My Jimi Hendrix Experience

By David Nelson

Most musicians from my era have at least one story about their first exposure to Hendrix. It was an exciting time. Eric Clapton was the reigning king and to many even a deity. Trust me when I tell you that I have been to more than one Cream concert where the crowd chanted Eric is God. Recently there have been a few documentaries about Jimi focused on his early career and how he transformed from sideman to headliner capturing the hearts of millions. This is my Jimi Hendrix Experience

I wasn’t much of a musician at least not yet but was desperate to find something to pull my life together. Somewhere in between my periods of chemical psychoanalysis and living hard core on the dark side it was decided that I was going to attend Berklee School of Music in Boston. The hope was to gain the skills needed to compete in a music world with no shortage of talent and ambition. At that point Berkley was first and foremost a jazz school but agreed to take in rockers to help pay the bills.

I devoured everything put in front of me and after a while I had something of an attitude. Hey I play Jazz.

I remember coming home to Dix Hills Long Island to visit my parents but mostly to see my then girlfriend Donna hoping for a long weekend. It was Friday night and Donna insisted that we go see her new rock idol Jimi Hendrix who was playing that evening at Stonybrook University.

She took out the Are You Experienced album and played Purple Haze. I of course with my new found Berklee schooled analysis listened with closed ears thinking this is 3 chord nonsense. How could someone who has been exposed to the greats like Coltrane, Mingus and Monk be impressed by such a bourgeois excuse for music.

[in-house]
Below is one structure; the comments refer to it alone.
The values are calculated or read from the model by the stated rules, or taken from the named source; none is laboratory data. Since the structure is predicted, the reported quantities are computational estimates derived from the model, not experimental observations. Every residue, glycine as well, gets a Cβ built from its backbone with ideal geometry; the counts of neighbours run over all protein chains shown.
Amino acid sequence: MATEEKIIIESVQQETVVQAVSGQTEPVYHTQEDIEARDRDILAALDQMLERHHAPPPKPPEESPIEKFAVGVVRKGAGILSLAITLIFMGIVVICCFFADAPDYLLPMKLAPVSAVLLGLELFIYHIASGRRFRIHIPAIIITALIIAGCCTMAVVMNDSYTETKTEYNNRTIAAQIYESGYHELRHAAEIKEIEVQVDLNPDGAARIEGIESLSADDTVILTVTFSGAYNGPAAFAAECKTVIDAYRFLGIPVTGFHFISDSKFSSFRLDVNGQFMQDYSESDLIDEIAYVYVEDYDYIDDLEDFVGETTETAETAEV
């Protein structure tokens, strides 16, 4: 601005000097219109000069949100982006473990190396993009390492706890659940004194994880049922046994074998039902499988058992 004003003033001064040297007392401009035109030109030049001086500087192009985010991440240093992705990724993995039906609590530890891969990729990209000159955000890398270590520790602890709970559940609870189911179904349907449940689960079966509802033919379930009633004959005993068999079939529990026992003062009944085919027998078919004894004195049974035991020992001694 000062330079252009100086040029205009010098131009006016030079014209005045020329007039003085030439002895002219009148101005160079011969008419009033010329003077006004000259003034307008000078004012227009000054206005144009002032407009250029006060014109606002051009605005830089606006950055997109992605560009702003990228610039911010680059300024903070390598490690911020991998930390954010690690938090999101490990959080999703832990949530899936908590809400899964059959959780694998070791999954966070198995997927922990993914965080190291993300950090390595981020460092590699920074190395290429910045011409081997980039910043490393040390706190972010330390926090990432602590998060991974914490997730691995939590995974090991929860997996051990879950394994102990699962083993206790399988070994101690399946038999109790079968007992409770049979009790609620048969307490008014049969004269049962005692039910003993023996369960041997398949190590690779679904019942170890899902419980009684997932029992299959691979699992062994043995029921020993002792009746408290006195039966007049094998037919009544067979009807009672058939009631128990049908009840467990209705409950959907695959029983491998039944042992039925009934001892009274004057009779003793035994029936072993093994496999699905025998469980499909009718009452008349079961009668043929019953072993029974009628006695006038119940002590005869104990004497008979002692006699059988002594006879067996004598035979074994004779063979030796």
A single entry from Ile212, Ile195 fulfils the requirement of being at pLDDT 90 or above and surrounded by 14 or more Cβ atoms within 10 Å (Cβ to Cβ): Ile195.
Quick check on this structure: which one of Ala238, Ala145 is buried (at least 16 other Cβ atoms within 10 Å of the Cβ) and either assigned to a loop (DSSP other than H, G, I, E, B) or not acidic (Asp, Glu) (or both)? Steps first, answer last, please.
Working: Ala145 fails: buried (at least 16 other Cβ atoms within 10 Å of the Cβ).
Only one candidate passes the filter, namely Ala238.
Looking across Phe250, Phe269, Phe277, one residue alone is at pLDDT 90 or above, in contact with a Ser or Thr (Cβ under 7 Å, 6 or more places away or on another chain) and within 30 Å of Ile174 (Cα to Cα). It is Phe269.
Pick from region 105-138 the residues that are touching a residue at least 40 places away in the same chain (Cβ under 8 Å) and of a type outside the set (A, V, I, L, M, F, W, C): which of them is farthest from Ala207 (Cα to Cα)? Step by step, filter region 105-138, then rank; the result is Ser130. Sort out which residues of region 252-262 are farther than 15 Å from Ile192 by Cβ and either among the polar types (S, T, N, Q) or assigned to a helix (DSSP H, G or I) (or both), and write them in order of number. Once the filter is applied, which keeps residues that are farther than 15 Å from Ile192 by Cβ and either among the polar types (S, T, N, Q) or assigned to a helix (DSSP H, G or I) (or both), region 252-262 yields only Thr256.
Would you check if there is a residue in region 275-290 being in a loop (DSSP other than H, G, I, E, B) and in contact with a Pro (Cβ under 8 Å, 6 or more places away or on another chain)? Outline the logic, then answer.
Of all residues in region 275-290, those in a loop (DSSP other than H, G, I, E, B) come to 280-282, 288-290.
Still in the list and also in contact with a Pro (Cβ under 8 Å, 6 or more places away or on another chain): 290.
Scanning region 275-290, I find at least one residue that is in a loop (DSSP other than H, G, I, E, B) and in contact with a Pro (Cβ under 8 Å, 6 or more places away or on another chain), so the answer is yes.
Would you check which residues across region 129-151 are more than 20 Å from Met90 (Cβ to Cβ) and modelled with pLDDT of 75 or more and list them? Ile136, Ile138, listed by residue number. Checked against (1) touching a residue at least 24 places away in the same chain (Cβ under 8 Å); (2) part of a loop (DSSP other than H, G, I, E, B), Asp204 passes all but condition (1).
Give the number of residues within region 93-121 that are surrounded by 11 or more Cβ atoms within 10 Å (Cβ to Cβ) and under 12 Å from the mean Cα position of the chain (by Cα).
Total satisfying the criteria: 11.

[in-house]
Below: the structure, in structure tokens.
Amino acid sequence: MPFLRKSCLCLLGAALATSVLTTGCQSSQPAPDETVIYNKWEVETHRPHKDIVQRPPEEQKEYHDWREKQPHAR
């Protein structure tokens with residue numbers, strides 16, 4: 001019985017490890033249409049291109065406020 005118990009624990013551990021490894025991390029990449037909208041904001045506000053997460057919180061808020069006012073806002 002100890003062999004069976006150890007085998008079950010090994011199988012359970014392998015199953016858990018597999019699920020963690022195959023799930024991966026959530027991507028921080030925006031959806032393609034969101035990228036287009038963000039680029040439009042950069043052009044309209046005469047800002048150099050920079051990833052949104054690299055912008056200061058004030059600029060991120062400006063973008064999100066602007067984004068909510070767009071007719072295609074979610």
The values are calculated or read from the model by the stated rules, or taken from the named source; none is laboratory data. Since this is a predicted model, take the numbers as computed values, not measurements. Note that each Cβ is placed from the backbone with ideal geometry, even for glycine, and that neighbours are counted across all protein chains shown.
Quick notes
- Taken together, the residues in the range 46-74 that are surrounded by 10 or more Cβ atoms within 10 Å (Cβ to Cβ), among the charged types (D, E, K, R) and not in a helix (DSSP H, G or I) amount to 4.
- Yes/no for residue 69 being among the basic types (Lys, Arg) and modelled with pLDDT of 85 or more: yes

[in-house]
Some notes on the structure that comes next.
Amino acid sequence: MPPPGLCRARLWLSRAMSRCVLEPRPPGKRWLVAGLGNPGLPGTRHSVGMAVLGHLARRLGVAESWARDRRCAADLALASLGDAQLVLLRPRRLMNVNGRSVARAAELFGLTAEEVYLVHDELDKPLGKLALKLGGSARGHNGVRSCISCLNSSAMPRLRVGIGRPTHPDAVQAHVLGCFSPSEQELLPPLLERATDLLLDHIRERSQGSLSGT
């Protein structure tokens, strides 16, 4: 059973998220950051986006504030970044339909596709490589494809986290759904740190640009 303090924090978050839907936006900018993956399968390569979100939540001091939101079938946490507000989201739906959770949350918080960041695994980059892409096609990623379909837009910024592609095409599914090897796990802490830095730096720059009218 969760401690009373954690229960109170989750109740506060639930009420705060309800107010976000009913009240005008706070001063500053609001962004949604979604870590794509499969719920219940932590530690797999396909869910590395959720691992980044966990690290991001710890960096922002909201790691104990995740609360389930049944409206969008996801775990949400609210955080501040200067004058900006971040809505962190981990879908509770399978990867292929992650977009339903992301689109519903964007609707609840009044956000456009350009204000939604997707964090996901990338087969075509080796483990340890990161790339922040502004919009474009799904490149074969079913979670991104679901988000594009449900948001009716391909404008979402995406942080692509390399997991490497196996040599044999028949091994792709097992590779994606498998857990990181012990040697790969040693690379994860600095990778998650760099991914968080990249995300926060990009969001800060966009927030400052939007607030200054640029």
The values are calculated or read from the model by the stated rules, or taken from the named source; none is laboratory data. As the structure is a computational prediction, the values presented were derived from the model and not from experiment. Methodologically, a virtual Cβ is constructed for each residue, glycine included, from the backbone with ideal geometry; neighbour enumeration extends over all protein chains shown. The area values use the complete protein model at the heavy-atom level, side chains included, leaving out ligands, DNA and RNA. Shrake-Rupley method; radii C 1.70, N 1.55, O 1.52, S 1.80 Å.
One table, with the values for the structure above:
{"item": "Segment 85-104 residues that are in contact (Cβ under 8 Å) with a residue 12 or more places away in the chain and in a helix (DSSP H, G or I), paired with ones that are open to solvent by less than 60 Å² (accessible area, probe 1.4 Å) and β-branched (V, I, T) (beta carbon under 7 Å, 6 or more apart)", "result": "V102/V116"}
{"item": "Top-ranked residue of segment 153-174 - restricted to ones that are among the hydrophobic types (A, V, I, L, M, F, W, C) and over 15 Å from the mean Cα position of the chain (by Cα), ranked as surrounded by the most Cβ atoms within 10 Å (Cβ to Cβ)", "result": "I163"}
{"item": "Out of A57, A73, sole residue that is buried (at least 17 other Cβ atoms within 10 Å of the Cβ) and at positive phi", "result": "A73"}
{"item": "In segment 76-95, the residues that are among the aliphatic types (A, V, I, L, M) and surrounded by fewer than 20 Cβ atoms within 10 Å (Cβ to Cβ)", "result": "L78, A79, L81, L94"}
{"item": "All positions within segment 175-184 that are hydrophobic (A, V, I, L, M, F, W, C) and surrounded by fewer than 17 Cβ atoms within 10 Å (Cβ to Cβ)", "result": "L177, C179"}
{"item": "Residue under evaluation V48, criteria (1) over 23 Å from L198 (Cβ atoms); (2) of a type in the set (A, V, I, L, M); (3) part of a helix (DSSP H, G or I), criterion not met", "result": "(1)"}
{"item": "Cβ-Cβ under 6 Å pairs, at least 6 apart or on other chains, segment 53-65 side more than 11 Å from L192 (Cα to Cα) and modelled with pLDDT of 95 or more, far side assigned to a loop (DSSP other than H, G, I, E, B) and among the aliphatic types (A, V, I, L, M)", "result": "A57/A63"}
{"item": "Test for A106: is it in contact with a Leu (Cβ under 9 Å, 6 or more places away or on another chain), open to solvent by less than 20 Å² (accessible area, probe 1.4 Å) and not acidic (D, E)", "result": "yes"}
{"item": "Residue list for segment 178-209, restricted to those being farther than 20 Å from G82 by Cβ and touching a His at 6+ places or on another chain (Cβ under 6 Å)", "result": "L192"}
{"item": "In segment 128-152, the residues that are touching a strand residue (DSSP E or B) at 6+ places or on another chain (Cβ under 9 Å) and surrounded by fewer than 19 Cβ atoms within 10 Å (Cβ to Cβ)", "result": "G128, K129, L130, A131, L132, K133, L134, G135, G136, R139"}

However, knowing that it would be a pretty miserable weekend with Donna I relented and agreed to go.

The gymnasium was packed with a restless crowd waiting for Jimi to hit the stage. We were seated all the way in the back. Most everyone was standing so we did to. Jimi along with Noel Redding on bass and Mitch Mitchell on drums hit stage and proceeded to wow the crowd.

I of course with attitude in full bloom stood at the back of the auditorium, arms folded thinking Foxy Lady, more 3 chord jive. I’m not sure how it happened but over the next few songs I found myself slowly inching forward a step at a time. My arms weren’t folded anymore and before I knew it I was about half way to the stage.

There’s a red house over yonder, that’s where my baby stays

Boom, Jimi breaks into Red House and its starting to get to me. I’m not sure what it was about this song that hit me so hard but I couldn’t keep it in anymore.

Wait a minute, something’s wrong. The key won’t unlock the door

My Berklee façade is fading fast and each pull and trill is taking another little piece of my heart.

‘Cos if my baby don’t love me no more 

By the time he pointed to the audience and sang the lyric “…I know her sister will” I was toast. He owned me.

I can’t even remember what the next couple of songs were but by the end of the concert I had pushed everyone out of the way to get to the front of the stage where a brave contingent of security was trying in vain to hold back the masses.

I’d morphed from Berklee boy with an attitude to full blown groupie screaming Jimi, Jimi Jimi.

He and the band came out for one last encore Wild Thing. He played with the guitar behind his head. He played with his teeth. Finally, he’s pushing the neck of his guitar in between his legs as a phallic symbol pointing to girls who then fainted. Seconds later he was humping the stacks of Marshall Amplifiers at the back the stage with the road crew desperately trying to hold them up.

The concert ends and I’m a psychedelic quivering and confused mess. What had I just witnessed? I don’t think I ever really recovered but the concert was the detour I needed to get back to rock where I really belonged.